The latest mortgage lending figures show a welcome pick-up in the housing market.

The number of mortgages approved for people buying a home soared by 20% in December to hit a four-year high.

A total of 46,815 loans for home purchases were agreed during the month. This was the highest level since August 2015 on a seasonally adjusted basis, according to UK Finance, the banking and financial industry body.

There was also a strong rise in homeowners switching to a new mortgage deal, with approvals for remortgaging jumping by 25% year-on-year to 33,738.

But there is evidence buyers were already returning even before the election, with mortgage advances in December reaching their highest level since March 2016.

There is typically a two to three month lag between when a mortgage is approved and when the money is advanced.

Why is this happening?

The housing market has been in ‘wait and see’ mode since the UK voted to leave the EU in 2016. But the large majority won by the Conservative Party at the General Election has increased the certainty that Brexit will happen according to the current timetable. This has made people feel more confident about going ahead with a big purchase.

Even before the General Election, estate agents were talking about seeing pent-up demand for homes, with people who had delayed making a decision beginning to return to the market.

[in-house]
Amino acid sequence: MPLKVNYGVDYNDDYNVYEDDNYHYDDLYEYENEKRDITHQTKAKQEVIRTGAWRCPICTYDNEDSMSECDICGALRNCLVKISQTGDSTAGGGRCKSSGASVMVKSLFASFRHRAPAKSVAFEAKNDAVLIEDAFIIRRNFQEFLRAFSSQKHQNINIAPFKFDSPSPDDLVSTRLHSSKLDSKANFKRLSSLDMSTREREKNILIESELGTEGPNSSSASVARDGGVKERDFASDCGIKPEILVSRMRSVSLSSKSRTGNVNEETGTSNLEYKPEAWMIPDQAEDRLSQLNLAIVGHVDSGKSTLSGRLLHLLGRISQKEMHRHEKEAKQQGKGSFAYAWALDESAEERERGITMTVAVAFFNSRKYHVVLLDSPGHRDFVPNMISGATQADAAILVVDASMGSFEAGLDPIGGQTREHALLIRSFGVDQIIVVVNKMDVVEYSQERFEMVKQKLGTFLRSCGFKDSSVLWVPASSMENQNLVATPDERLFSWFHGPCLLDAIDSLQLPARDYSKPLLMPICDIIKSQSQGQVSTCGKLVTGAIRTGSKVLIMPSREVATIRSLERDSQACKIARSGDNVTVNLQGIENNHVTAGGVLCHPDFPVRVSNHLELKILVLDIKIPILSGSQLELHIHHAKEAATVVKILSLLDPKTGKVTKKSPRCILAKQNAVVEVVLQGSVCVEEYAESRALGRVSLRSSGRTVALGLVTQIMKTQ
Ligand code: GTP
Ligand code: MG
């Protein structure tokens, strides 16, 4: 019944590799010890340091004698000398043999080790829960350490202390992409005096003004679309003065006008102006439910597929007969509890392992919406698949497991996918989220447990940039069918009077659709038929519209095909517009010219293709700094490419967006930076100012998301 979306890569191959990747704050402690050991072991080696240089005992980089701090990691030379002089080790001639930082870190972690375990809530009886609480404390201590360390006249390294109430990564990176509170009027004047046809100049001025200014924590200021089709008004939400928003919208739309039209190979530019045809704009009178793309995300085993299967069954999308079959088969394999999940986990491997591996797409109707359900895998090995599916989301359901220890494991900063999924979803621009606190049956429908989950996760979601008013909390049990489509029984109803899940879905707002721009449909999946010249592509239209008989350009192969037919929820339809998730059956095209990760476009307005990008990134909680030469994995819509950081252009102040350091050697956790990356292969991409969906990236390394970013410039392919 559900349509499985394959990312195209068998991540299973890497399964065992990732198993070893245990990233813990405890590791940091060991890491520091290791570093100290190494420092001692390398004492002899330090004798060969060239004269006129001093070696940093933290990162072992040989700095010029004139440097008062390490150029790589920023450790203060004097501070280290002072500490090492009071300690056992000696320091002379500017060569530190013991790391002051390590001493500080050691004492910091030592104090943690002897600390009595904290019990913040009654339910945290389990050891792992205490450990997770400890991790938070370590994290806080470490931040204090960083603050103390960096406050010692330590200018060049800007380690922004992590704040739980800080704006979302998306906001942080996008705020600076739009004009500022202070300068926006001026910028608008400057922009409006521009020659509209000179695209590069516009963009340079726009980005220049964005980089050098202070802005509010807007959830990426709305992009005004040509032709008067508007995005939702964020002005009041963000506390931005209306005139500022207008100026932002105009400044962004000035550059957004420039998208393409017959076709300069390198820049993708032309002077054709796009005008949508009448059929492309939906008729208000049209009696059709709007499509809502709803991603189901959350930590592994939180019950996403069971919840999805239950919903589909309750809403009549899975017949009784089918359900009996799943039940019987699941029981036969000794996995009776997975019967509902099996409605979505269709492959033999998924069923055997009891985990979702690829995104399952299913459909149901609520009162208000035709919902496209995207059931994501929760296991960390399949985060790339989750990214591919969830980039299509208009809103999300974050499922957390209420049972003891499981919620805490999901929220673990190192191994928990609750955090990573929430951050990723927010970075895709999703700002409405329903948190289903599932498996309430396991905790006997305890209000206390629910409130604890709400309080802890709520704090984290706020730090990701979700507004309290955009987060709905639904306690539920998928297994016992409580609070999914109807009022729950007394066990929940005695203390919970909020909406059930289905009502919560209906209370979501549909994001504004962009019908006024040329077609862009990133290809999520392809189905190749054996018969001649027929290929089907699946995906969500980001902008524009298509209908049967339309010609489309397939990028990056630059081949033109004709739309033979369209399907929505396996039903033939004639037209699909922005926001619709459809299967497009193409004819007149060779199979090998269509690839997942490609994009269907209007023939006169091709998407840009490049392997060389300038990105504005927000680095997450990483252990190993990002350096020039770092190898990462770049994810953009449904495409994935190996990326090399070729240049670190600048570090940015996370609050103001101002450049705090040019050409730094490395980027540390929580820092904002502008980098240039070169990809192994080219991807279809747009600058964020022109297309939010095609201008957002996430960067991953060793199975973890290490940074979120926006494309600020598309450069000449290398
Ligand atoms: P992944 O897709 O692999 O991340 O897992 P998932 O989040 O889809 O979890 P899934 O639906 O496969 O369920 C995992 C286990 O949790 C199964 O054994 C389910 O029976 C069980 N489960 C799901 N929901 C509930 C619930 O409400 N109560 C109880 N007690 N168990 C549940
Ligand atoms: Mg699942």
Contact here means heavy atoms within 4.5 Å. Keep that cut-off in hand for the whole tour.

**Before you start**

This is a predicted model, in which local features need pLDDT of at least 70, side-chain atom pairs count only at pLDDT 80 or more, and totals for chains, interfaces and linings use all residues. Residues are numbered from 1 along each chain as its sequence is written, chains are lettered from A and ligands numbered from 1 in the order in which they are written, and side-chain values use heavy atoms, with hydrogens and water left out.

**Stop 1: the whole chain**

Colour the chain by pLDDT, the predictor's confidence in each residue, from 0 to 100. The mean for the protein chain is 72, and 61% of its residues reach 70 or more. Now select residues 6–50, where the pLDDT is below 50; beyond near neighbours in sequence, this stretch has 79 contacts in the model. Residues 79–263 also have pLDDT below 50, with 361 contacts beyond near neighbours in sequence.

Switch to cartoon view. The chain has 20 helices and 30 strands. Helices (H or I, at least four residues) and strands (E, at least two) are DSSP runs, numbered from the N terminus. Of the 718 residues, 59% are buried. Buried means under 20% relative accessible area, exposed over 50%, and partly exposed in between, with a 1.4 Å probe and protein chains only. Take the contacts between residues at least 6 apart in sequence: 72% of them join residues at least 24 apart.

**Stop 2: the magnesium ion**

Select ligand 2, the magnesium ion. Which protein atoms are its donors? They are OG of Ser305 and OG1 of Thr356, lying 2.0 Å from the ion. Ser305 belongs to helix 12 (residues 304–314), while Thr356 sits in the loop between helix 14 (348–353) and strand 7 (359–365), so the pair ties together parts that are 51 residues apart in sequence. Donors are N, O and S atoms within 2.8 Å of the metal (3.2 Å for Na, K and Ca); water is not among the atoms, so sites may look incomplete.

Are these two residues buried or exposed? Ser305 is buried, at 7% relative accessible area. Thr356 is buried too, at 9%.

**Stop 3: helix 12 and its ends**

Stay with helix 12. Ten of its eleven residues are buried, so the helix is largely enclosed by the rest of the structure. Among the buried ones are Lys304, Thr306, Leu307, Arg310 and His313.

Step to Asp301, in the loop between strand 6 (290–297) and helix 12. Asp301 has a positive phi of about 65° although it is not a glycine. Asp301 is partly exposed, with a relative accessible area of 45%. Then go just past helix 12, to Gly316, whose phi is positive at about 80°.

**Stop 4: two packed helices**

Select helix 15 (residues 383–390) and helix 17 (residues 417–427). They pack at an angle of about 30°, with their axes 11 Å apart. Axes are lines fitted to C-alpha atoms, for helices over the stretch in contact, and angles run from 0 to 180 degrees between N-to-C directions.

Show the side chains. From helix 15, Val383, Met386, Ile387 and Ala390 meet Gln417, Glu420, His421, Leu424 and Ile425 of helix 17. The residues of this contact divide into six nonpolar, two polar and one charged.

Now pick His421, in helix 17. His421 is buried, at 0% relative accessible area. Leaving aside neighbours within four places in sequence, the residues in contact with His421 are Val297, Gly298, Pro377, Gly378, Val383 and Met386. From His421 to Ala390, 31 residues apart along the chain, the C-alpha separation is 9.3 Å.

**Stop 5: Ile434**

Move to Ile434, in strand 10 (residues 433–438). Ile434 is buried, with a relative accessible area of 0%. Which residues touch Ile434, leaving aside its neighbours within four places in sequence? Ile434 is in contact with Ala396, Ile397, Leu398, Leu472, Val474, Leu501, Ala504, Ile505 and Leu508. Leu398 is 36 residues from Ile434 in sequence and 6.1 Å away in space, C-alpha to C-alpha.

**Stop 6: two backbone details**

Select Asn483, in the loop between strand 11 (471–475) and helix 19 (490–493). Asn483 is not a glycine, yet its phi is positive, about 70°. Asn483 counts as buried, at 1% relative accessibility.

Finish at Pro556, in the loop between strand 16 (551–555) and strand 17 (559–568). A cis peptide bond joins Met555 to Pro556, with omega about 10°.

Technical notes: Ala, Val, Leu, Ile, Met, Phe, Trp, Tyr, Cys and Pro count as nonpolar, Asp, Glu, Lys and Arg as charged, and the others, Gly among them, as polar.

Who does it affect?

The rise in activity in the housing market is good news for potential buyers and sellers alike.

Sellers will benefit from the rise in demand as it should enable them to sell their home quicker and achieve an offer that is closer to their asking price.

Increased demand is also likely to benefit buyers, as it should encourage more people to put their home on the market, increasing the amount of choice they have.

What’s the background?

Mortgage advances for the whole of 2019 were £265.8 billion – 1.1% less than in 2018, according to UK Finance.

Alongside Brexit uncertainty causing many people to delay house purchases, stretched affordability in many regions and a shortage of homes for sale have acted as a drag on home-buying levels.

But the property market has remained more buoyant in areas of the country where house prices have remained more affordable, such as the north of England and parts of the Midlands.